Candy and Wayne make plans to meet in town to get married, but Skip gets wind of it and kidnaps Candy, literally carrying her off “with a contemptuous ease which suggested he was hefting a not very valuable sack of feathers” when he catches up with her waiting for the bus to town, and I’m impressed at how this sentence implies the sexiness not only of being physically assaulted, but simultaneously of Candy’s dainty physique. And Skip is only getting warmed up. He tells her, “I ought to take you over my knee and spank you right here and now,” before driving her off to a deserted cabin in the woods. “Do you remember saying I couldn’t make you do what I wanted you to do? Rash remark!” he says. When she says she knows that he is carrying on with Lulu Mae, he denies it, but says, “What of it? You’d still be mine—and only mine. And I wouldn’t kiss you again if you came crawling across this room to me on your knees. And you might do exactly that, you know.” His prediction is close to right—when he storms toward her, looking as if he’s going to beat her, she collapses in tears into his arms, but he “flung her from him” and crashes out of the cabin, guarding the door to keep her from escaping until the bus has gone. Candy “settled down on the hard bench to wait. He was master here.” It’s a monstrous scene in so many ways, rendering Skip completely detestable. But that’s never bothered a VNRN heroine before, and it certainly doesn’t slow Candy’s pulse, either.
After this, all the back stories fall into place. There’s a complex scheme that, when brought into the open, explains Skip’s kissing Lulu Mae, the remark Mrs. Orr overheard and relayed to Candy, who the Pillow Heads are, Ad Orr’s untimely death, and the Pillow Heads’ raid on the Orr farm. All this might leave you gasping for air, but Jean Webb has a real flair for plotting, so the entire story seems completely plausible, and it’s also unfolded in such a way as to be not indigestible. Furthermore, his writing is still among the genre’s best. We get tasty morsels like, “The hinged door flattened with a faint pneumanic gasp,” and, “The late moon still swam above them, but her reign was ending.” I am a devoted fan of Mr. Webb’s, who has garnered an A- average in the three other books of his that I have read so far (Aloha Nurse, A Nurse Comes Home, and A Nurse for Galleon Key). Unfortunately, Candy Frost, Emergency Nurse does not meet the standards set by the others: It is short on camp, the hero is utterly despicable, and the heroine is a bit of a moron. Even if Skip had been a stand-up guy, this book doesn’t have much else to recommend it. So while anything Jean Webb writes is worth reading, Candy is not his most delicious.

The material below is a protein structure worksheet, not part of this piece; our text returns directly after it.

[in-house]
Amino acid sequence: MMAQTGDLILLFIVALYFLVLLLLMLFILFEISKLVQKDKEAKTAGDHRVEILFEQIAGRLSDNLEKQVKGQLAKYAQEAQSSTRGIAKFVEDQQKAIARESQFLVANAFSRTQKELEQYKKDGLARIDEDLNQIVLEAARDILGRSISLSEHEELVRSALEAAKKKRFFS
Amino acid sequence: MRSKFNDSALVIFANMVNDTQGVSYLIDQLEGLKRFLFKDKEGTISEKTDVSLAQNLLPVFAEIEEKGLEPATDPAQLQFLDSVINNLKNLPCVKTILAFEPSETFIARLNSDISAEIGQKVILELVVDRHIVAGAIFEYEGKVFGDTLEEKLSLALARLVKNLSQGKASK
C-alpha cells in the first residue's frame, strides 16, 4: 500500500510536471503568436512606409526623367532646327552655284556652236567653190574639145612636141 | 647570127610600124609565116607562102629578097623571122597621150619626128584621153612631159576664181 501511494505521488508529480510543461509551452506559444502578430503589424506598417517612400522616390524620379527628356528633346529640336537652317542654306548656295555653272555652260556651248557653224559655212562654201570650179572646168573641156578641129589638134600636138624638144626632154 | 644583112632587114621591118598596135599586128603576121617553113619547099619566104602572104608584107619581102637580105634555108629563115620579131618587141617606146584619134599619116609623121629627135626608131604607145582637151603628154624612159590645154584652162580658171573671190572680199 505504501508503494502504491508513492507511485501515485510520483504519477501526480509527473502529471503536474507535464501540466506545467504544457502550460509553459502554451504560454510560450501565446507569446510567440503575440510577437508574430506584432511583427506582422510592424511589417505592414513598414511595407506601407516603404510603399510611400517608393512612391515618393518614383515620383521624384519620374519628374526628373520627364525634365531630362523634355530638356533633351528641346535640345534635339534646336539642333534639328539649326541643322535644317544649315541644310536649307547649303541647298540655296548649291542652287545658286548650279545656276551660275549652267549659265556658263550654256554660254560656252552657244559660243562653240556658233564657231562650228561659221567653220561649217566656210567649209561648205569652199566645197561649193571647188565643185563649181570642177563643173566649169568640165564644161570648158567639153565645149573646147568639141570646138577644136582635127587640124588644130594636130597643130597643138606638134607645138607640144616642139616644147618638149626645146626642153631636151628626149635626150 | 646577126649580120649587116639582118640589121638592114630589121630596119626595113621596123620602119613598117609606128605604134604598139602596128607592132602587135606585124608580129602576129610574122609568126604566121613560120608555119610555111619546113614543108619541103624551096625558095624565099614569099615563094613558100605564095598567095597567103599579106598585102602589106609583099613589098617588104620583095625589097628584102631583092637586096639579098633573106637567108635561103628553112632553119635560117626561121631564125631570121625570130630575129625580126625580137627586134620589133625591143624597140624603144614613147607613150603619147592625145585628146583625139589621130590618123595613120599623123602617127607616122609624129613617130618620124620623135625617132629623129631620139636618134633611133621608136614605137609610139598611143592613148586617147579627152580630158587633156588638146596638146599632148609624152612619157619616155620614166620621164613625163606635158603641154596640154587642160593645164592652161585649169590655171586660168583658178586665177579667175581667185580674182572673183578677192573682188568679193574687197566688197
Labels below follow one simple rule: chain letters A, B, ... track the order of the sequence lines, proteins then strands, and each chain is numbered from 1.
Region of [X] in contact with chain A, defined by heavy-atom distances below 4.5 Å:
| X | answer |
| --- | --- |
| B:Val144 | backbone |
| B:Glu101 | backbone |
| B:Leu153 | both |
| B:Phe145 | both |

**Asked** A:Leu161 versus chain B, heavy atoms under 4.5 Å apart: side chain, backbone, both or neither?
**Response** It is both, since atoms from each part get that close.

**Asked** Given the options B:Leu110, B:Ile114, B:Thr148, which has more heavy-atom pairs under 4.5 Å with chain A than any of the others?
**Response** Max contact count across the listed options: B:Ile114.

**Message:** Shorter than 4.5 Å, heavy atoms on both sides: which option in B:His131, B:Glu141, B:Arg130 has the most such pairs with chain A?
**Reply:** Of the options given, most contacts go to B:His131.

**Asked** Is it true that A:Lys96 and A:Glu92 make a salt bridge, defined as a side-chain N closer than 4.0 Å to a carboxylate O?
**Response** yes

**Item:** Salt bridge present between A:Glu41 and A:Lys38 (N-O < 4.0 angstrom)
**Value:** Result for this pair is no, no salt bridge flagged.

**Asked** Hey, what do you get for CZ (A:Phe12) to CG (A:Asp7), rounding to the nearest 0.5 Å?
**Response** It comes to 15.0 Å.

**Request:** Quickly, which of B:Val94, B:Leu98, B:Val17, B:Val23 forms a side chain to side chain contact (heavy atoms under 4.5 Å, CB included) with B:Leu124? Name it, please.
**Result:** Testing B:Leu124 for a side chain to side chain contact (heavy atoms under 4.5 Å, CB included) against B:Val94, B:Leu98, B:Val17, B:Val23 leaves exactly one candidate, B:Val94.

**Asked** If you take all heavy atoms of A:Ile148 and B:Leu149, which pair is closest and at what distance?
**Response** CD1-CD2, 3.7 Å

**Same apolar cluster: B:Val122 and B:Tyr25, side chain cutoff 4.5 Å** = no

Saturday, March 9, 2013

The Doctors

By Clara Dormandy ©1959
Cover illustration by Edrien King
Now, at last, the dream was a reality. They were doctors! Throughout their training, these three young women had been inseparable, but the knowledge of eventual separation had always been with them. For Anne Clive, Fleur’s leaving for her far-off home was a wrench, but the great hurt came with Susie’s surprise engagement to George Wyndham, brilliant surgeon and teacher. Not only did Anne fear that George Wyndham would do little to encourage his wife in her chosen career, but there was the inescapable fact that Anne herself was in love with the handsome Dr. Wyndham!
“You prepare yourself for a party as if—as if you were applying some complicated surgical dressing.”

“He’s not bad for a biochemist.”
“You must never be afraid of disagreements even if you feel that you might be wrong. It’s your only chance of finding out.”
“Who ever heard of anyone expecting a marriage to be exciting?”
“It must be horrible having a self-supporting wife.”
“Men clear out the moment they discover that a girl has a mind of her own. They seem to have some sort of vague idea that if a girl has intellect she can have no feelings.”
“There are rights which it is difficult to carry through and wrongs which seem easy, but every person must decide for himself which he chooses.”